TRENTON, N.J. (AP) — Gov. Chris Christie said Monday he may have heard about congestion on the George Washington Bridge last fall but it didn't register as anything more than regular traffic jams because he wasn't aware his aides had ordered lanes blocked, apparently for political retribution.
Christie also acknowledged during an hour-long radio call-in program that his office has been subpoenaed by federal law enforcement officials conducting a criminal investigation into the bridge scandal. Christie said his office would fully comply with the document request.
The Republican governor and possible 2016 presidential candidate fielded questions for the first time in three weeks about a scandal that has engulfed his administration and threatened to upend any political ambitions.
Christie, 51, reiterated during the radio show that he did not know about the planning or execution of the lane closings near the bridge in Fort Lee. He disputed the account of a former loyalist, who said Friday there was evidence the governor knew about the closings while they were happening over four days in September, which is earlier than Christie has acknowledged.
Christie said an email from Patrick Foye, the executive director of the Port Authority of New York and New Jersey, the agency that runs the bridge, made him realize the traffic gridlock may not have been routine. That email was forwarded to a top Christie aide on Sept. 13, the day Foye ordered the lanes reopened.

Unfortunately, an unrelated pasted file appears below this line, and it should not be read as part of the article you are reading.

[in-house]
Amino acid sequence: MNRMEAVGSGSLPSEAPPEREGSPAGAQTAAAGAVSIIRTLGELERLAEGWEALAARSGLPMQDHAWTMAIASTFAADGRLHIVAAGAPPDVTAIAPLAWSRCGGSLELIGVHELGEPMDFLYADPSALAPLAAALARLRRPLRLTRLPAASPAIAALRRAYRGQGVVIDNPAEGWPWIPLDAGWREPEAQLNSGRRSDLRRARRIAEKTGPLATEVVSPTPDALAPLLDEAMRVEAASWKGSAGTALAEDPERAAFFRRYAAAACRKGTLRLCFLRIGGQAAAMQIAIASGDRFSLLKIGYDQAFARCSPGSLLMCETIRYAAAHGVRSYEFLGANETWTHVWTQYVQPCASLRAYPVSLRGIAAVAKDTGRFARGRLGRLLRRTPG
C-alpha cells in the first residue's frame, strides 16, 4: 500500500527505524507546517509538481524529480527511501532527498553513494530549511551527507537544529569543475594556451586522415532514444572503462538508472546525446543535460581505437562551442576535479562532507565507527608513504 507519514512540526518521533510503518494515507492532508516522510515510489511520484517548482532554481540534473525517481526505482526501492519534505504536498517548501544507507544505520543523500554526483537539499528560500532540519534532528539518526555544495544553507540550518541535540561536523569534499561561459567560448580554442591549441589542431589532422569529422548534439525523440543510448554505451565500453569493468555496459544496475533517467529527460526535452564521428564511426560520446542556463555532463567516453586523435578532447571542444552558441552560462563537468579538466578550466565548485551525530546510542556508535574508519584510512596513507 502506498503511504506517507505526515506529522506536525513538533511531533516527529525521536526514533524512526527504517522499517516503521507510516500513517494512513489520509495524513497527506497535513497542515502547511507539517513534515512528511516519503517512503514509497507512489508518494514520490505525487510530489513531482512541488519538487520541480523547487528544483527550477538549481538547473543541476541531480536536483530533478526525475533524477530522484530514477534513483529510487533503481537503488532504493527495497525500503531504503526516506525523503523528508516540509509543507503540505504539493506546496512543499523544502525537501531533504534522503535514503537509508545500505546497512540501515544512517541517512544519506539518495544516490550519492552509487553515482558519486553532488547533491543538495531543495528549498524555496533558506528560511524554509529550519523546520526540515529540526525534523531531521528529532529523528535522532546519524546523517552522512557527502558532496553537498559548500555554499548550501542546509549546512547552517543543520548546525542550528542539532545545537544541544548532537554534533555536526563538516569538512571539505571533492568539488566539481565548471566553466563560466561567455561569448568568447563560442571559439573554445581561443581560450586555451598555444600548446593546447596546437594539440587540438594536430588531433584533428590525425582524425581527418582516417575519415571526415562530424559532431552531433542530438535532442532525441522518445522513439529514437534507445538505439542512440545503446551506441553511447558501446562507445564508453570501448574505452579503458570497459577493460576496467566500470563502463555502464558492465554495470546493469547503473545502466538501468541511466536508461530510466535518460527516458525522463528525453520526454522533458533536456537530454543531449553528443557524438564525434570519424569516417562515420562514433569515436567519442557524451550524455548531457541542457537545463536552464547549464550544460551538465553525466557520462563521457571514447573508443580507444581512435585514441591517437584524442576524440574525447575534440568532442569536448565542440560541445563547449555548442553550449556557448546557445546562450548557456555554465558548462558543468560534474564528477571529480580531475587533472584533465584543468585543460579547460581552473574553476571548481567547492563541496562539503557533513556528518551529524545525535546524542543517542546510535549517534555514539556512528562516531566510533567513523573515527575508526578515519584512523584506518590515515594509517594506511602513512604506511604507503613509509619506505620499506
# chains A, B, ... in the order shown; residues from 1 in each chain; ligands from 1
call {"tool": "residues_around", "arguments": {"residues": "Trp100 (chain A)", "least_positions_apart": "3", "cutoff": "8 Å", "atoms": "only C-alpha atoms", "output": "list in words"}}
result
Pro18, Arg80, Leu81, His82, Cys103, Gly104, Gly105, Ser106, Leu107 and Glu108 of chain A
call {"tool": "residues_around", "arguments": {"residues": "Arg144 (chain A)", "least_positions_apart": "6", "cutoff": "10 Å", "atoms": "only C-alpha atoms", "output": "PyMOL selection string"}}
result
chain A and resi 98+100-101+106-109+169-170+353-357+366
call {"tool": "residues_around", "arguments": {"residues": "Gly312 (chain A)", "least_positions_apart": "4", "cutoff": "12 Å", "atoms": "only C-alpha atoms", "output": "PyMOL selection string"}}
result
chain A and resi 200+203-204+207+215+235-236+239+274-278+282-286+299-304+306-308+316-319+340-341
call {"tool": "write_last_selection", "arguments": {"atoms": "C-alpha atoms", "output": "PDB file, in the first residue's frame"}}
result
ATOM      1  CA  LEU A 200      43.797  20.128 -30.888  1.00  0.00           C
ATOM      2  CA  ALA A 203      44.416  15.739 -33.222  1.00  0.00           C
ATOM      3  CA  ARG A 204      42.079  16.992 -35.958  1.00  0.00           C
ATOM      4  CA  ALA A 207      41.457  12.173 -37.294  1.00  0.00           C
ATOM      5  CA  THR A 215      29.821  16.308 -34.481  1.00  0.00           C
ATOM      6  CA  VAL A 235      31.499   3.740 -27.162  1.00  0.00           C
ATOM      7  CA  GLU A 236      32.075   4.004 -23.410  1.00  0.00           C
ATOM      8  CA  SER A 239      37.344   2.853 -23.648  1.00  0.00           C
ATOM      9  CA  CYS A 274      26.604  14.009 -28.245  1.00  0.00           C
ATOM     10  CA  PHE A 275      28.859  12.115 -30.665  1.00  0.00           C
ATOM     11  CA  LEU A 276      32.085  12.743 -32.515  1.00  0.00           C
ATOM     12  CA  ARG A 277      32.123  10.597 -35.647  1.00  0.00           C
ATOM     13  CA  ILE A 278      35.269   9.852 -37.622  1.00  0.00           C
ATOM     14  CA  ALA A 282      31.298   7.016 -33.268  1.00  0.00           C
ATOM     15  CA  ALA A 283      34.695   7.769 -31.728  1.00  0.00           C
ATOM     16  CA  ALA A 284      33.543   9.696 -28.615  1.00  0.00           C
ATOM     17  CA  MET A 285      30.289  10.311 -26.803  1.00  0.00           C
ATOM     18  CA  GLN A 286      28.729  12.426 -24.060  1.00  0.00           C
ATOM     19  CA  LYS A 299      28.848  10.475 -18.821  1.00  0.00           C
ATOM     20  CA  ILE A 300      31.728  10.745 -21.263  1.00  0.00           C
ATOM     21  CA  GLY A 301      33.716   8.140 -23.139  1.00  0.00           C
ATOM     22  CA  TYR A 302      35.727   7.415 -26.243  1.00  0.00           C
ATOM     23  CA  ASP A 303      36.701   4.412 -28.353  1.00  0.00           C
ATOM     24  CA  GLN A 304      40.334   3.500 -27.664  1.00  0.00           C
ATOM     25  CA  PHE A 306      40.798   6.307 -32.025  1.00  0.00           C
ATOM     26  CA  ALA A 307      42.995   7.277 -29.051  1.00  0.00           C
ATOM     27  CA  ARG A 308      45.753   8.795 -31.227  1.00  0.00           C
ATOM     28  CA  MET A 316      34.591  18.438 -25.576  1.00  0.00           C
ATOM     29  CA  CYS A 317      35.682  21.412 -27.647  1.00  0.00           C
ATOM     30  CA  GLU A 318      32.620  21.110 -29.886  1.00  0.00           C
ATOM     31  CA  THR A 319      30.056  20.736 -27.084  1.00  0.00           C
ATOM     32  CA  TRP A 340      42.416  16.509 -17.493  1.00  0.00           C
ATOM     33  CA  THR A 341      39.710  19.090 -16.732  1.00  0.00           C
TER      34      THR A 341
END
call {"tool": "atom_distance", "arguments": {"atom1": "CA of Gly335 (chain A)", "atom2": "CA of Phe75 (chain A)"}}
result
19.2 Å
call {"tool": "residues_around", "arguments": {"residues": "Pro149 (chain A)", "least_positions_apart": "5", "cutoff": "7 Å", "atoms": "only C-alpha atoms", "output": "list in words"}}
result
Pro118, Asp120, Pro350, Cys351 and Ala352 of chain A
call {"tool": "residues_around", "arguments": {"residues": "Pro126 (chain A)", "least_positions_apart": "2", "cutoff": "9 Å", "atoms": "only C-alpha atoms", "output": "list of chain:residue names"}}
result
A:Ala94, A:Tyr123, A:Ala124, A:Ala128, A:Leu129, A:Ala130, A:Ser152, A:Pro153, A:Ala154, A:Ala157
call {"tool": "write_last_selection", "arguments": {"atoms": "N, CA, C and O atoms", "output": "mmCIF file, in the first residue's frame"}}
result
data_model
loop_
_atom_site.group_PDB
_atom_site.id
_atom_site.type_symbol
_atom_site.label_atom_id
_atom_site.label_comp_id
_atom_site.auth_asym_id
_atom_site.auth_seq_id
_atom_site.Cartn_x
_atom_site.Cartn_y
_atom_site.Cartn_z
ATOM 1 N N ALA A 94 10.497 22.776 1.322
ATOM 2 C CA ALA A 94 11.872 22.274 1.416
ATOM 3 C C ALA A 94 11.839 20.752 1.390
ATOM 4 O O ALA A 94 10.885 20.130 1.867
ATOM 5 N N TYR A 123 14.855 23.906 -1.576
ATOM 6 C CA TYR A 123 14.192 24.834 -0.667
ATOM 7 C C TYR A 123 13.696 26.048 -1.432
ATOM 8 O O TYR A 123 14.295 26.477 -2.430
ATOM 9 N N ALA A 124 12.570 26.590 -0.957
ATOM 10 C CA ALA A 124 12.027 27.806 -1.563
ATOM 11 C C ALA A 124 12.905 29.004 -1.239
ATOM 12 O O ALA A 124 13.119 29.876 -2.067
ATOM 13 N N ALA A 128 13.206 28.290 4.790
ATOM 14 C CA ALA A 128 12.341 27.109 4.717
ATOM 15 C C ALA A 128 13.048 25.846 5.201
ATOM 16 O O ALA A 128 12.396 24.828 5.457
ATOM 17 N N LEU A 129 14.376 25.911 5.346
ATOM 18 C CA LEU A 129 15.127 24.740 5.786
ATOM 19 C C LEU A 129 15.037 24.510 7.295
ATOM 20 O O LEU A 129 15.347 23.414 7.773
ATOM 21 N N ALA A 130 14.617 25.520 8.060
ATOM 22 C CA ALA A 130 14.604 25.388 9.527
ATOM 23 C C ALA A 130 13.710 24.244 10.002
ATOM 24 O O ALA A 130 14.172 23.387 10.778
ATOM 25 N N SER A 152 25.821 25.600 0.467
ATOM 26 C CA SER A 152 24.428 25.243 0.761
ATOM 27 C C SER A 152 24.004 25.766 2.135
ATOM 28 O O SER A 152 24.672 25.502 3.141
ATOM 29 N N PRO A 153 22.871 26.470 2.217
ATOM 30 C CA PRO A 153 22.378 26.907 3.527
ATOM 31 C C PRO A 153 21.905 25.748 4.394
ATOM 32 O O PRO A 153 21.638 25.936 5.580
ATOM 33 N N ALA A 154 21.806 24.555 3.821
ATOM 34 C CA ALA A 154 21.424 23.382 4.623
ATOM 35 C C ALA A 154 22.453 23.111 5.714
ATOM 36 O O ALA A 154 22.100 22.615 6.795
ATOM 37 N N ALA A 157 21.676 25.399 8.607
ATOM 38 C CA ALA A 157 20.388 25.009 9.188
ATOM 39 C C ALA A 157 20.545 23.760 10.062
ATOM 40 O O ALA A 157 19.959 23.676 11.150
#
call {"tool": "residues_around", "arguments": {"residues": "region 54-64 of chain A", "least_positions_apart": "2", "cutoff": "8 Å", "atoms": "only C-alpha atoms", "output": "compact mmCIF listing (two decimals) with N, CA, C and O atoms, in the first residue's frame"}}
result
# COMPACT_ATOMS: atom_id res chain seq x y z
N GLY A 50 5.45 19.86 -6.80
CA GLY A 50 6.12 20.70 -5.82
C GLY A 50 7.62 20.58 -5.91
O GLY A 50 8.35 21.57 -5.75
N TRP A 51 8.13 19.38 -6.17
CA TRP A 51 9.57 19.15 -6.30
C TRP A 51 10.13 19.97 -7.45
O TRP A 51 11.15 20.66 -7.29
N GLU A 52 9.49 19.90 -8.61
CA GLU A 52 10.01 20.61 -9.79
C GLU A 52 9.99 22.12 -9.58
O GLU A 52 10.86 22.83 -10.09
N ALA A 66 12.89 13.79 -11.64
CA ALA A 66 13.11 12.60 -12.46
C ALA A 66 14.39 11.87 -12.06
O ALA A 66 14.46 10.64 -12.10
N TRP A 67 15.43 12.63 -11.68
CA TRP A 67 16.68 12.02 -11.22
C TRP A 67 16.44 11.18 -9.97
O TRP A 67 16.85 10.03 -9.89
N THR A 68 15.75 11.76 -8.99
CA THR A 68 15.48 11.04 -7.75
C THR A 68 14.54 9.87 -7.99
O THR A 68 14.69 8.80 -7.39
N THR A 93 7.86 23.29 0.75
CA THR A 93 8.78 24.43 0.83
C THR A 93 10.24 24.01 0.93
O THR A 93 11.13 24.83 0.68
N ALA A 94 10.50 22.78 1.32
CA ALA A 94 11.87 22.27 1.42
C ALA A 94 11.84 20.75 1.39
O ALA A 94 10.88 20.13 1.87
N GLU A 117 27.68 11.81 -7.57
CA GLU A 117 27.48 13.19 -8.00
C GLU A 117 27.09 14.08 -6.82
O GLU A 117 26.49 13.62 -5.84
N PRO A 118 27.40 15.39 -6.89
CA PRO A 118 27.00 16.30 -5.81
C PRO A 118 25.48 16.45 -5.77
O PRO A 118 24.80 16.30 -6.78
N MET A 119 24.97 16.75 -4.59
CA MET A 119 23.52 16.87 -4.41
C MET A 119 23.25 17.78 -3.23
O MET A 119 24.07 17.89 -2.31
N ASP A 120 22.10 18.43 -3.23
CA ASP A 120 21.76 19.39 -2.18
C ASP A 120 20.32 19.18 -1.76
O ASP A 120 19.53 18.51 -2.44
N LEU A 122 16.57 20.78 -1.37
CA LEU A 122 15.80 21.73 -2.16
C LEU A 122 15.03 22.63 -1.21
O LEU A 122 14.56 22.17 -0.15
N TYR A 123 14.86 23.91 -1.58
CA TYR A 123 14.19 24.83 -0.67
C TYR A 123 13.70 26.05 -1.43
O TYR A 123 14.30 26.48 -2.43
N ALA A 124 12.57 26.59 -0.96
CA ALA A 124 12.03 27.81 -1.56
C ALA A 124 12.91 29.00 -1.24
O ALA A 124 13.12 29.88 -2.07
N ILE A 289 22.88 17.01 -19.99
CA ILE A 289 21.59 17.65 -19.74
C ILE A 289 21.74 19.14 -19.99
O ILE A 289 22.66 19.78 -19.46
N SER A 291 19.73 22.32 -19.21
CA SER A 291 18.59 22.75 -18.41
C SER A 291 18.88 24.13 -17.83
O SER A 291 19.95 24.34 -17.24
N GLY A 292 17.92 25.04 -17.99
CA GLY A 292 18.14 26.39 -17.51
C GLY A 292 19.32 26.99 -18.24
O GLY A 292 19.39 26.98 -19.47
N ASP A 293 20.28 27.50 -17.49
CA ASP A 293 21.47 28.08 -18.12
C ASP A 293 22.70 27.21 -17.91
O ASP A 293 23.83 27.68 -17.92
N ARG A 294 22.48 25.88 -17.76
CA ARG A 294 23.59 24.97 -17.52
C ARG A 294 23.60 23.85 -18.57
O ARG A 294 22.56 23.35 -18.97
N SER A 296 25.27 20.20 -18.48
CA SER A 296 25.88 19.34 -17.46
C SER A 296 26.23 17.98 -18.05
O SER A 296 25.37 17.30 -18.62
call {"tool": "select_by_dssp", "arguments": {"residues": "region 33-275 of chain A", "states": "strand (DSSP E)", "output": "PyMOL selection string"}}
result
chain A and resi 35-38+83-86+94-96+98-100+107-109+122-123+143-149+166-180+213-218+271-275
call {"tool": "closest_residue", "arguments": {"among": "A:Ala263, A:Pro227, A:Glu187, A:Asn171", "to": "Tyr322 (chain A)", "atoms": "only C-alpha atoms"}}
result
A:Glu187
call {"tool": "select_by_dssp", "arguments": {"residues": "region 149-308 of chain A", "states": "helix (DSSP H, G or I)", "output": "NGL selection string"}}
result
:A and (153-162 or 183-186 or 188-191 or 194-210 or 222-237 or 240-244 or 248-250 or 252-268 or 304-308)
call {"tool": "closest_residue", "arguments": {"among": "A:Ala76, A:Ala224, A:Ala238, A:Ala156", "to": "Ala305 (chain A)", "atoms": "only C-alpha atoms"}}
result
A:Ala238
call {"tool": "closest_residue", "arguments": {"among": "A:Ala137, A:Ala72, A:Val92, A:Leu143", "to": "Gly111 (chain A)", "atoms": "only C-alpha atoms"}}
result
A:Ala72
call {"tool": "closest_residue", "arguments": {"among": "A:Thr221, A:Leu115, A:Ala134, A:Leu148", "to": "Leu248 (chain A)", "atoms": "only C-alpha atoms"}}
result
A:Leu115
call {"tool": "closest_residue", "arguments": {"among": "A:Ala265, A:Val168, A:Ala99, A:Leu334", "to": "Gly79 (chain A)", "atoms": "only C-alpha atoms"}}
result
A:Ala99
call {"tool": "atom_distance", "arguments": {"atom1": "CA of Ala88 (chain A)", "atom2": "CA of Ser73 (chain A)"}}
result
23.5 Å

"I know prior to (the Foye email) there were press accounts about traffic issues up there, and if I read that or someone said something ... it wouldn't have been meaningful to me because I didn't know there was any problem up there because I didn't know we had actually closed lanes up there before that," Christie said on TownSquare Media's "Ask the Governor" show.
"Nobody has said I knew about this before it happened, and I think that's the most important question," he said.
Christie has been asked before when he learned of the lane closures, which has cost five people close to the governor their jobs. During a Dec. 13 news conference, he said, "It was certainly well after the whole thing was over before I heard about it."
Monday was the first time Christie took questions since David Wildstein, Christie's No. 2 man at the Port Authority before he resigned amid the scandal, contradicted the governor's accounting of the lane closings. Christie referred to the dispute over what he knew when as "a game of gotcha."